Today marks the U.S. debut of “Queer Kids: Coming Out In America” — a collection of portraits of LGBT youth from across the country by New York–based photographer M. Sharkey. The exhibit, which will be on view through the beginning of January at the Stonewall National Museum in Fort Lauderdale, Florida, features large-scale photographs accompanied by interviews about the subjects’ identities and experiences. Since 2006, Sharkey has been traveling across the country and through parts of Belgium to photograph kids in their hometowns and speak with them about their experiences coming out. The Cut spoke with him about what’s changed since he started.
What inspired you to start this project?
Well, I started shooting in the early 2000s, and I felt like I wanted a project I could do for a long period of time that I could focus all my creative energy on — something that I felt passionately about, that would sustain prolonged interest. I was a gay teen myself, and it was sort of a tough time, in the ‘80s, to be a gay teen. I wished things had been different, and that I had had the opportunity to be more open about my sexuality. And I felt like this was an opportunity for me to give voice to some of these kids who were demanding to be heard. It’s hard to remember how much things have changed even over the past decade. Even only eight years ago, this topic was really new — and at that time it required an incredible amount of courage for these kids to stand up.
How have things changed since you first started? Has that influenced your work?
I think that how I approach my subjects has changed. In the beginning maybe there was a slight trepidation on my part, because I knew that the subject was sensitive enough that if it weren’t approached properly, it could result in continued hardship for some of these kids. I feel like it’s a lot different now. The kids have a lot more pride in their identity, and they feel a lot more strength from the communities that have slowly begun to emerge. I think there’s a lot more bravery in the way that they present themselves to the world.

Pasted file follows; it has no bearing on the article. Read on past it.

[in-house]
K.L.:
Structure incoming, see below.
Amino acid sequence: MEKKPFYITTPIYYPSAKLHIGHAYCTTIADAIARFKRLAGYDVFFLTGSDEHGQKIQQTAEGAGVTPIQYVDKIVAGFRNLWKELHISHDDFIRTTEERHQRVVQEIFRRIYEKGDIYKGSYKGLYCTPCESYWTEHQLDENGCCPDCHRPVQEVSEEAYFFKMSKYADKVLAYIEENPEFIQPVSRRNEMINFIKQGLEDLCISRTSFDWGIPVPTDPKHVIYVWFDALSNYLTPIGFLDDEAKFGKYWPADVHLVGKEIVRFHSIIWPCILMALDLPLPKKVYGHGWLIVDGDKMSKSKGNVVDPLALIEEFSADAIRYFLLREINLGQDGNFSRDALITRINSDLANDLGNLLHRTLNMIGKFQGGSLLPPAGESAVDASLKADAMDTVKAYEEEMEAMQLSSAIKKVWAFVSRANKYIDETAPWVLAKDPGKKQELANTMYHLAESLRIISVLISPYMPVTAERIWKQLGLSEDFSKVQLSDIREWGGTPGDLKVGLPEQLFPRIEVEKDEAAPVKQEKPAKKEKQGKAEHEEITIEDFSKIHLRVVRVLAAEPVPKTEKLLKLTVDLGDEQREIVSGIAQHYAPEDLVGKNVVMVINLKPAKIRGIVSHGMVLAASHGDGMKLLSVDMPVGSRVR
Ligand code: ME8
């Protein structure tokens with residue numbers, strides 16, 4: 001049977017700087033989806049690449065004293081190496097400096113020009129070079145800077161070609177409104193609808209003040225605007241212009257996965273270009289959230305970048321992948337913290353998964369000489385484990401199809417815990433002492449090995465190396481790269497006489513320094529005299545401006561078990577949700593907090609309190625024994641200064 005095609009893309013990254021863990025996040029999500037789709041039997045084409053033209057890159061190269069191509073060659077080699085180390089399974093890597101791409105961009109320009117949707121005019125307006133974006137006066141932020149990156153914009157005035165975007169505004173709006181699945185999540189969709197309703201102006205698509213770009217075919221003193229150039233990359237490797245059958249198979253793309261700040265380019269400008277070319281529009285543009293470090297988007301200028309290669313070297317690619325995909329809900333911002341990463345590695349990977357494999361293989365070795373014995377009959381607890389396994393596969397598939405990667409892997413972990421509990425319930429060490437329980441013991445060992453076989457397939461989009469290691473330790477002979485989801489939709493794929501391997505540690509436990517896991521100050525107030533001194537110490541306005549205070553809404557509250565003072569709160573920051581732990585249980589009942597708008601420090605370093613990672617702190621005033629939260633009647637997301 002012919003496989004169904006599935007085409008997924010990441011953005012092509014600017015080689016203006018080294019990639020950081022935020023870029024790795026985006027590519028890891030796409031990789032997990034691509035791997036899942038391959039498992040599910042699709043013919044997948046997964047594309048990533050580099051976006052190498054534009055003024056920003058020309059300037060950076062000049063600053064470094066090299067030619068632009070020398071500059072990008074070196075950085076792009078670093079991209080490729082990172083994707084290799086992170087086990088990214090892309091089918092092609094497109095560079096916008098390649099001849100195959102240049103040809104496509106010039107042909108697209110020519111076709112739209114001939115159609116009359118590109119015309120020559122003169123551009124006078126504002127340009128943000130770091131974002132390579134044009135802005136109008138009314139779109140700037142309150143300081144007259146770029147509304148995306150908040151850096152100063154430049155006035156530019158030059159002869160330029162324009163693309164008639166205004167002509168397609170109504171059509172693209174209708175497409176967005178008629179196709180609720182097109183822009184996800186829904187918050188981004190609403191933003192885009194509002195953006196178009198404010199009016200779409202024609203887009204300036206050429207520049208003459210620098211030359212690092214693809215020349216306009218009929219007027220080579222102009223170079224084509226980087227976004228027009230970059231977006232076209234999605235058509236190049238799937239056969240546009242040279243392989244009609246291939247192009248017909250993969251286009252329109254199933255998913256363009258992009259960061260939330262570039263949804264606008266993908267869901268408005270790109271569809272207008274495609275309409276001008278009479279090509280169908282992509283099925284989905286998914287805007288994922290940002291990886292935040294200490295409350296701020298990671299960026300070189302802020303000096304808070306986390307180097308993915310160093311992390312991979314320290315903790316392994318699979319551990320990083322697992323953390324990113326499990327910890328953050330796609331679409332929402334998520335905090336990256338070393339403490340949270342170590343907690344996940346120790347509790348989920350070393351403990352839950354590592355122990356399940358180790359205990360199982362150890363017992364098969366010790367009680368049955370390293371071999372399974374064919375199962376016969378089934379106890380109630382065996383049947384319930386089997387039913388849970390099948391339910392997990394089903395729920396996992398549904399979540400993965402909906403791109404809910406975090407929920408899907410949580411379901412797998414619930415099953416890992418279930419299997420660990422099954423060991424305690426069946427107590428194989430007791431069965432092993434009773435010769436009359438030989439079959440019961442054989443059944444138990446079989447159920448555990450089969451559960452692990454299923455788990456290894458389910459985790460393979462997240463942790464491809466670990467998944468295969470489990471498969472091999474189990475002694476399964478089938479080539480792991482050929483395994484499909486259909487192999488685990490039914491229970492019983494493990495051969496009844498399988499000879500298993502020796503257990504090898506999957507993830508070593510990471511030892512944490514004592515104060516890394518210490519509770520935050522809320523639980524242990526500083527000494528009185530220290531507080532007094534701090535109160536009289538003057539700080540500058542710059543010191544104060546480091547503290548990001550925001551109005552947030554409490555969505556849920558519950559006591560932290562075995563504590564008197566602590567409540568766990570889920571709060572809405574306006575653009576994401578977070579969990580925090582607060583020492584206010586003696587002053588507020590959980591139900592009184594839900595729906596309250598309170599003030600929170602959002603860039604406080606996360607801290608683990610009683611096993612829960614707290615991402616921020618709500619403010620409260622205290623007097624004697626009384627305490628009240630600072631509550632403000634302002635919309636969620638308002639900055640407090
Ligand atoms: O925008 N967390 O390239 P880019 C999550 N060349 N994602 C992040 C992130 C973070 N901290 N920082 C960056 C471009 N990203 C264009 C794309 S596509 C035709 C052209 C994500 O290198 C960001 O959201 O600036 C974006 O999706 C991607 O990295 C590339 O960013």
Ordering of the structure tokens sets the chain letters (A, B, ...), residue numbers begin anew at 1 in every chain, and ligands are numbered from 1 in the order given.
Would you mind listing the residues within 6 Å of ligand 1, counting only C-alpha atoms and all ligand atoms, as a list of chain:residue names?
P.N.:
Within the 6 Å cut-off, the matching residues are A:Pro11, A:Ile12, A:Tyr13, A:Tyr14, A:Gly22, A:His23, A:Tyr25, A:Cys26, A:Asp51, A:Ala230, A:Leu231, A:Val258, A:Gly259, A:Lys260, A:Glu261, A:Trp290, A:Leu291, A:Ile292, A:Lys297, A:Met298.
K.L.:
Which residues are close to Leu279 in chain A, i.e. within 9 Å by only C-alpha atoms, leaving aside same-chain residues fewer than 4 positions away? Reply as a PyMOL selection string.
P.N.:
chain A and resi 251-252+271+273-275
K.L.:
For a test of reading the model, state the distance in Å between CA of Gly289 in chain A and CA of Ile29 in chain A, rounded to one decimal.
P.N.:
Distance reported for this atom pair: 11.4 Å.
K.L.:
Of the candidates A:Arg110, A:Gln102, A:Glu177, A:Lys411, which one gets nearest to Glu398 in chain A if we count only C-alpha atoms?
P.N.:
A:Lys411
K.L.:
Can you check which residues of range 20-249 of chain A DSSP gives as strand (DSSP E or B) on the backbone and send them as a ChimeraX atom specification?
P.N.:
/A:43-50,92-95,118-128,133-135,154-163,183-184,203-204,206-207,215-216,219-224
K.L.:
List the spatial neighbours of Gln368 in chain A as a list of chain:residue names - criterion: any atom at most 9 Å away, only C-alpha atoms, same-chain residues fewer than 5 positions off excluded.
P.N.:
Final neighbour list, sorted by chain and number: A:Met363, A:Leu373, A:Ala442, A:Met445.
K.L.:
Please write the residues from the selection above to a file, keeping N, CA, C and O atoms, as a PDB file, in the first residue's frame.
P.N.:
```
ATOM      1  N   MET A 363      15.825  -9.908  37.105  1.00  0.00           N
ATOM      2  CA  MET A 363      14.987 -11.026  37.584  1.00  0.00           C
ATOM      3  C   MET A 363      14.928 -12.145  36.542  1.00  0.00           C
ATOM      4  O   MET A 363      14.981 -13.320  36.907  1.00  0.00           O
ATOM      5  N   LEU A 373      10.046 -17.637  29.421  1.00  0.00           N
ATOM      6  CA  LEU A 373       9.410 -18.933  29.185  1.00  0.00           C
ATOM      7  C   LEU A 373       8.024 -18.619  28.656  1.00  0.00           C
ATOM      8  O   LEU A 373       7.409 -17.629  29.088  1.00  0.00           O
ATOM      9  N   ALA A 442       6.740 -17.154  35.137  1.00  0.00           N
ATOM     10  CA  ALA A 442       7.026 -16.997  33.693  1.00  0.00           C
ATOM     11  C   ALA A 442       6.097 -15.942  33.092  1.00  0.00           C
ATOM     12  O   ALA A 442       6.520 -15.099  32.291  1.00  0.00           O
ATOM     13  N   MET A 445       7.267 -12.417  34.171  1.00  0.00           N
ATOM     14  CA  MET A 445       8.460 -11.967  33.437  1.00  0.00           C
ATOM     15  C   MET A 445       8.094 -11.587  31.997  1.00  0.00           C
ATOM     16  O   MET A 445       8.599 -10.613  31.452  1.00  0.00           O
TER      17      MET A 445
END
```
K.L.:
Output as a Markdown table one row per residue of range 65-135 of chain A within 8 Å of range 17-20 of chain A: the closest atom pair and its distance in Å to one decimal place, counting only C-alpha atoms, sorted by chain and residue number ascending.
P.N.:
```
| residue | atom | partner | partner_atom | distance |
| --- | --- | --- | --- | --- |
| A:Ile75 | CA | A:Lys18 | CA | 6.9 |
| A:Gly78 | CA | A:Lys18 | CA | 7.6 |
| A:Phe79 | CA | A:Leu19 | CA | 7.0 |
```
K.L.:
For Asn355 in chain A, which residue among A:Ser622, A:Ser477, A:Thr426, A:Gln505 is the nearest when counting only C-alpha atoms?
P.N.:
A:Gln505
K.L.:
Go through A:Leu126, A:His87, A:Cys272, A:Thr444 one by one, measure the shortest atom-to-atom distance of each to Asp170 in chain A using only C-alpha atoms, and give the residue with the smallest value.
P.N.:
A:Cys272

The kids are always very excited to be photographed, because it’s a moment for them where they really get to be themselves — and they can proudly be themselves. I think there’s still a little bit of fear and apprehension that they have to show the world who they are — I mean, that takes a lot of courage no matter what your identity is, but especially when you’re part of such a marginalized and potentially vilified group.
How do you find the kids that you photograph?
Initially, it was through gay organizations, like GLSEN or the GSAs that started popping up across American high schools in the mid-2000s. And then the project kind of got some legs and kids started contacting me, and occasionally I have parents who contact me with kids that they feel would be right for the project.
I think the thing that initially draws me to them is the way that they look and the way they are presenting themselves. If there’s something that rings undeniably individual about them, where you’re like, they just have their own ideas about style and identity, that’s more interesting to me. I’m drawn to kids where I’m like, “Oh, that kid has something to say,” and I want to give them the opportunity to say it.
You also interview all of the kids that you photograph, right?